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Harlan County U.S.A.

334 Considered one of the finest documentaries ever made, Barbara Kopple’s "Harlan County U.S.A." is a brilliant exposé about the embattled history of coal miners in American as seen through the very personal prism of striking coal miners in Harlan County, Kentucky in 1972. With elegant use of archival footage, Appalachian coal mining songs, and intimate footage from the picket lines and union meeting rooms Kopple gives voice to the impoverished but steadfast miners and their wives who stood up for their family’s rights against the greedy coal mine owners and violent scabs. Indeed, the film takes on an incidental feminist tone as union rabble-rouser Lois Scott galvanizes the women around her to picket against the gun toting "company thugs" that threaten their lives on a daily basis. The film is even more poignant today, considering how much exponentially worse conditions have gotten for today’s coal miners. This essential DVD comes with fascinating commentary by Barbara Kopple and editor Nancy Baker, and includes a spunky panel discussion from the 2005 Sundance Film Festival with Kopple and film critic Roger Ebert.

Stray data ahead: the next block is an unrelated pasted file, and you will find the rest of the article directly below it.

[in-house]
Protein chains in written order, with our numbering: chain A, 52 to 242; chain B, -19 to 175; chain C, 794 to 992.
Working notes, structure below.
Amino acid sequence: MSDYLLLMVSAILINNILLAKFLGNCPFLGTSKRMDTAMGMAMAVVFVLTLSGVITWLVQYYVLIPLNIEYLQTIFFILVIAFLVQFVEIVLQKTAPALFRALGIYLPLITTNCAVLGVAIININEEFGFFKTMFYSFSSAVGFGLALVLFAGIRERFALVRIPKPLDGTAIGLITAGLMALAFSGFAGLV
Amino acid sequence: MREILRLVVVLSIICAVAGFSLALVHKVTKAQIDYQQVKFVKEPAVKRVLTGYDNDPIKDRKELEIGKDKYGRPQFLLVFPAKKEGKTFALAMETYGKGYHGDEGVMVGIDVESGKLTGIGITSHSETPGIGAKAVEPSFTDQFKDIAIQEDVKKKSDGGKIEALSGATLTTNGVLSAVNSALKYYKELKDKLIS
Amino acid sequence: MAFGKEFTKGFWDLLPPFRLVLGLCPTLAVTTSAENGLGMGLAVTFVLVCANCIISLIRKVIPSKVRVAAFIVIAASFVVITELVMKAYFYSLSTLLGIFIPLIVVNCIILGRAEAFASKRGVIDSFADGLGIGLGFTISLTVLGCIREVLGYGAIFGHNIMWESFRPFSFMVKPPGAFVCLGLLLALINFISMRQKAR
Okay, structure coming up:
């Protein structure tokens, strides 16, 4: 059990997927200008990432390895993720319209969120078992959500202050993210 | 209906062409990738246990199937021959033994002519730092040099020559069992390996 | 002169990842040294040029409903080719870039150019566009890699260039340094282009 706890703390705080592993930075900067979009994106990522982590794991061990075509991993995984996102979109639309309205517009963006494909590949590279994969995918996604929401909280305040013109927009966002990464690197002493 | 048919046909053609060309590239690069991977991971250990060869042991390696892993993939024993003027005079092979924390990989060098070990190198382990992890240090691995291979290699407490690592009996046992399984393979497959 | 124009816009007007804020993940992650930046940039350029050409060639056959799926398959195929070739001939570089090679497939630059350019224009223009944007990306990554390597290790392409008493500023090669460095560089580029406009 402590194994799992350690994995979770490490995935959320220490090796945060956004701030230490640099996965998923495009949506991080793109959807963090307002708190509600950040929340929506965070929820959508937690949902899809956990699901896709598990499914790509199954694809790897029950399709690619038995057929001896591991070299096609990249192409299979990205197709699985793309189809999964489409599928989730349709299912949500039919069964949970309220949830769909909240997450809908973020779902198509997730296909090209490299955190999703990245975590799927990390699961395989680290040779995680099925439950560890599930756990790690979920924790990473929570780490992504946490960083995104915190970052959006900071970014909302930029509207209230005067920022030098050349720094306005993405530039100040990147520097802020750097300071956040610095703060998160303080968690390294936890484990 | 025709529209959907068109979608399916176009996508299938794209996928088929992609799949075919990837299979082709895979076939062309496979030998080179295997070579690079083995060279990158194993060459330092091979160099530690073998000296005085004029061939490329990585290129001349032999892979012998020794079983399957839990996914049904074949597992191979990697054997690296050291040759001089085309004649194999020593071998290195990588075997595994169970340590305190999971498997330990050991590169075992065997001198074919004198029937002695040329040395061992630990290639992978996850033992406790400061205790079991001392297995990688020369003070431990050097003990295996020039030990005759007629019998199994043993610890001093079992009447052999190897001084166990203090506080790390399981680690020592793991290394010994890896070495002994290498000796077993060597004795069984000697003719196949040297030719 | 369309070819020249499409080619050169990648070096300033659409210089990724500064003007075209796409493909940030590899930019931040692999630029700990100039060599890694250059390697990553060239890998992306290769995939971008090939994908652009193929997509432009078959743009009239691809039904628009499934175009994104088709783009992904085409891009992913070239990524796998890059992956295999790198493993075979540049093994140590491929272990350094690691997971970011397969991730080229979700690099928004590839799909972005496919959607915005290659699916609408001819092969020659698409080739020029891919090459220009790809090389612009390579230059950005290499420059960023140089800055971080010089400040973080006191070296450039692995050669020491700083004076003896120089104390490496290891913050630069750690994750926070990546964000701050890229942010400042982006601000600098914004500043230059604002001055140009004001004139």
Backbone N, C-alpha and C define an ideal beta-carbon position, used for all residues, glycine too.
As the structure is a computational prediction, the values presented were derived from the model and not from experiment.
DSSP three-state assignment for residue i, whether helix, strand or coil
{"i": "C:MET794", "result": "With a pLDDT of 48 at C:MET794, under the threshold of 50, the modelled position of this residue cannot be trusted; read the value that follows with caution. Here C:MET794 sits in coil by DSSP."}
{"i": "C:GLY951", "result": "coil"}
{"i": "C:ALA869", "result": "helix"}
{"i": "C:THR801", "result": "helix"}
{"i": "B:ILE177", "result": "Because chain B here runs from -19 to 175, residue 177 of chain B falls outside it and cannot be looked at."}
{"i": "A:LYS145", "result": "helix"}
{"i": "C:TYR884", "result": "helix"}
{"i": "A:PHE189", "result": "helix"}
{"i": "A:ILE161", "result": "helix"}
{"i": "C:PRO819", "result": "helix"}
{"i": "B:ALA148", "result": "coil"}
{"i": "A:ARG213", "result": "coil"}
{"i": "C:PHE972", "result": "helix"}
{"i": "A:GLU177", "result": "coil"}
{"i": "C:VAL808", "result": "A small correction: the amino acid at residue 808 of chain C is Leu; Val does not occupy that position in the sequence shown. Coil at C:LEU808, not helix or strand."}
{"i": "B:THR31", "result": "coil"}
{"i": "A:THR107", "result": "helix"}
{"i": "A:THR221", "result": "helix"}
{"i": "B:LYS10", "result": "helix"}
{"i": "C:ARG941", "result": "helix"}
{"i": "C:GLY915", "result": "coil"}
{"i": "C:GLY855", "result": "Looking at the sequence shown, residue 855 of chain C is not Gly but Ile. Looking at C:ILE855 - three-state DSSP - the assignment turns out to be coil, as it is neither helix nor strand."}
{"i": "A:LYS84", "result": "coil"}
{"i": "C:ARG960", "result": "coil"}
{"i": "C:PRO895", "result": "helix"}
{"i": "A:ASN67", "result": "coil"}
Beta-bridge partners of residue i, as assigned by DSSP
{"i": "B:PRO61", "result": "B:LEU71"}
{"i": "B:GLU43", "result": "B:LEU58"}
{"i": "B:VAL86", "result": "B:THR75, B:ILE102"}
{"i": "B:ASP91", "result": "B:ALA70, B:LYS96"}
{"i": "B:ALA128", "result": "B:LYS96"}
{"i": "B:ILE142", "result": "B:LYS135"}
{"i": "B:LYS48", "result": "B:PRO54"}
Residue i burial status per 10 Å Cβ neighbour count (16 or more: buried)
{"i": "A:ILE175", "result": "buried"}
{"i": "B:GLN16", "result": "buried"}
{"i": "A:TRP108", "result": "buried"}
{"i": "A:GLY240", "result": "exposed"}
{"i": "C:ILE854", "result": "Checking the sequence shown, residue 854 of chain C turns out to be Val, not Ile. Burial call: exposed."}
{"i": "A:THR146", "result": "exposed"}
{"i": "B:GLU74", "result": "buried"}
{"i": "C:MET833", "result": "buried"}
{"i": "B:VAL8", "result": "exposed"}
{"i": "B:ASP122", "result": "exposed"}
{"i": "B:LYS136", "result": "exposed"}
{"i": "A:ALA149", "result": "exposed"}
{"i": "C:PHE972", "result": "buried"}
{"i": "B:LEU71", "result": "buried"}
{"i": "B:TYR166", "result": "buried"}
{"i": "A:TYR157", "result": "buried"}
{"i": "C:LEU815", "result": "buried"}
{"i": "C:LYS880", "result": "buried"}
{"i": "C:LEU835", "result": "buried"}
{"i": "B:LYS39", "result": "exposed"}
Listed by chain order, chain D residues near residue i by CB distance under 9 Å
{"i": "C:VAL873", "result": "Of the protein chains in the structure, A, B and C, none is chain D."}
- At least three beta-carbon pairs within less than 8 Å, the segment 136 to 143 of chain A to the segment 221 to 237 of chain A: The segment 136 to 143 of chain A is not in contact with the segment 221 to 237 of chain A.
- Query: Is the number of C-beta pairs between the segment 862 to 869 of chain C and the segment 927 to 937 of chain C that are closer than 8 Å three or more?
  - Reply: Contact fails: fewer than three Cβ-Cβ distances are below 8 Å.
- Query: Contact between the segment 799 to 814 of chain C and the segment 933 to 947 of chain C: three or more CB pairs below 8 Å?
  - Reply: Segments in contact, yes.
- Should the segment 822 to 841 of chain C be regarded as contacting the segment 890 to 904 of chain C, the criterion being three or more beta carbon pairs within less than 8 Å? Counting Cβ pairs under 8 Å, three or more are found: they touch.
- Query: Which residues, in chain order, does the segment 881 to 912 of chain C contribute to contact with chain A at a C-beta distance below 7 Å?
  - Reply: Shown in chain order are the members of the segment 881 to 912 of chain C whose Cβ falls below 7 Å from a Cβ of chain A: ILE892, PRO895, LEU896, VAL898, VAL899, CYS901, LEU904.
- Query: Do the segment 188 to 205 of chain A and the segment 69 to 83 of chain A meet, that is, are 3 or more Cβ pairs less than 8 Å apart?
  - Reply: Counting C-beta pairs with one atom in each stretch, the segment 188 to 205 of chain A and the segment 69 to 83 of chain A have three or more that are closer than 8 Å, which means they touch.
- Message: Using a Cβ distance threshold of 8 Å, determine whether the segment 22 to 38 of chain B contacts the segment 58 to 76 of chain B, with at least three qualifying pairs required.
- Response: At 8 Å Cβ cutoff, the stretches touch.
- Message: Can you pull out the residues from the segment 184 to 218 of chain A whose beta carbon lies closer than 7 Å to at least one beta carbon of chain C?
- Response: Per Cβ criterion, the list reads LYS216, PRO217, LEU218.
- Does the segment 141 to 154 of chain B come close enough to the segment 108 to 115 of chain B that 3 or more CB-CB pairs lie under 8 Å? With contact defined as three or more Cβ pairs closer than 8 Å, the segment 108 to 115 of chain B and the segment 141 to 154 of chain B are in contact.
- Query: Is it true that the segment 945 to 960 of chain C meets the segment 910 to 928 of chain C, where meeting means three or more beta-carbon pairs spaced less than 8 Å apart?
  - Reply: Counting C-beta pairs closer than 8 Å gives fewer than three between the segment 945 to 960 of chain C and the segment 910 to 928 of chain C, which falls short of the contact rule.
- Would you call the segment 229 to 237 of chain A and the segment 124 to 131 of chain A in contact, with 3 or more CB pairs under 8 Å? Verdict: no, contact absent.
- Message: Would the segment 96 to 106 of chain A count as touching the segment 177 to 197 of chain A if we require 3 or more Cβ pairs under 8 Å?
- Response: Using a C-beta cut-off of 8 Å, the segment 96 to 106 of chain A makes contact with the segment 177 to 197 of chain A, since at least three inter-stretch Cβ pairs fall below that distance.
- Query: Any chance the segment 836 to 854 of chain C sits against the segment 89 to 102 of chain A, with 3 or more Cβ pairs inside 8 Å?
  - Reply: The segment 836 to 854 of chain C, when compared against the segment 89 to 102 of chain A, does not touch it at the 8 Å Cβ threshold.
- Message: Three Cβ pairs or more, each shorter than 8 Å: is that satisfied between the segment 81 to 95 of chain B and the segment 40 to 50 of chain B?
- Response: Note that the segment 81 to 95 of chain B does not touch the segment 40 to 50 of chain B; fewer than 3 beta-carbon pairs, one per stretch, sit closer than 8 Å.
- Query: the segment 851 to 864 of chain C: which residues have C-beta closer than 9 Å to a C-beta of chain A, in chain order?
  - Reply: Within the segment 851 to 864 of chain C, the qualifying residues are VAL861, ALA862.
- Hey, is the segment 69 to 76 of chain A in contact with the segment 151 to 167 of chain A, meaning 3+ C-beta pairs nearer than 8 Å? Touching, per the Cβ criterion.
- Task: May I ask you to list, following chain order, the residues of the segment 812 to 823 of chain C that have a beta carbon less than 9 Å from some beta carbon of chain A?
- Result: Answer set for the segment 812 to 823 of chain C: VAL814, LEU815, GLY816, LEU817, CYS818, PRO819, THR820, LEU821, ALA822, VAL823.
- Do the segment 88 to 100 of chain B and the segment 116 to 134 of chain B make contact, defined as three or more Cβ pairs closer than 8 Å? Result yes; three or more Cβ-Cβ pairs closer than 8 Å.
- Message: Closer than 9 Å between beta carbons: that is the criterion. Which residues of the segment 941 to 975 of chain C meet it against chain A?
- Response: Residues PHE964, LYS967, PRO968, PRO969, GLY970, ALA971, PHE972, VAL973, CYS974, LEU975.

July 5, 2006 in Documentary | Permalink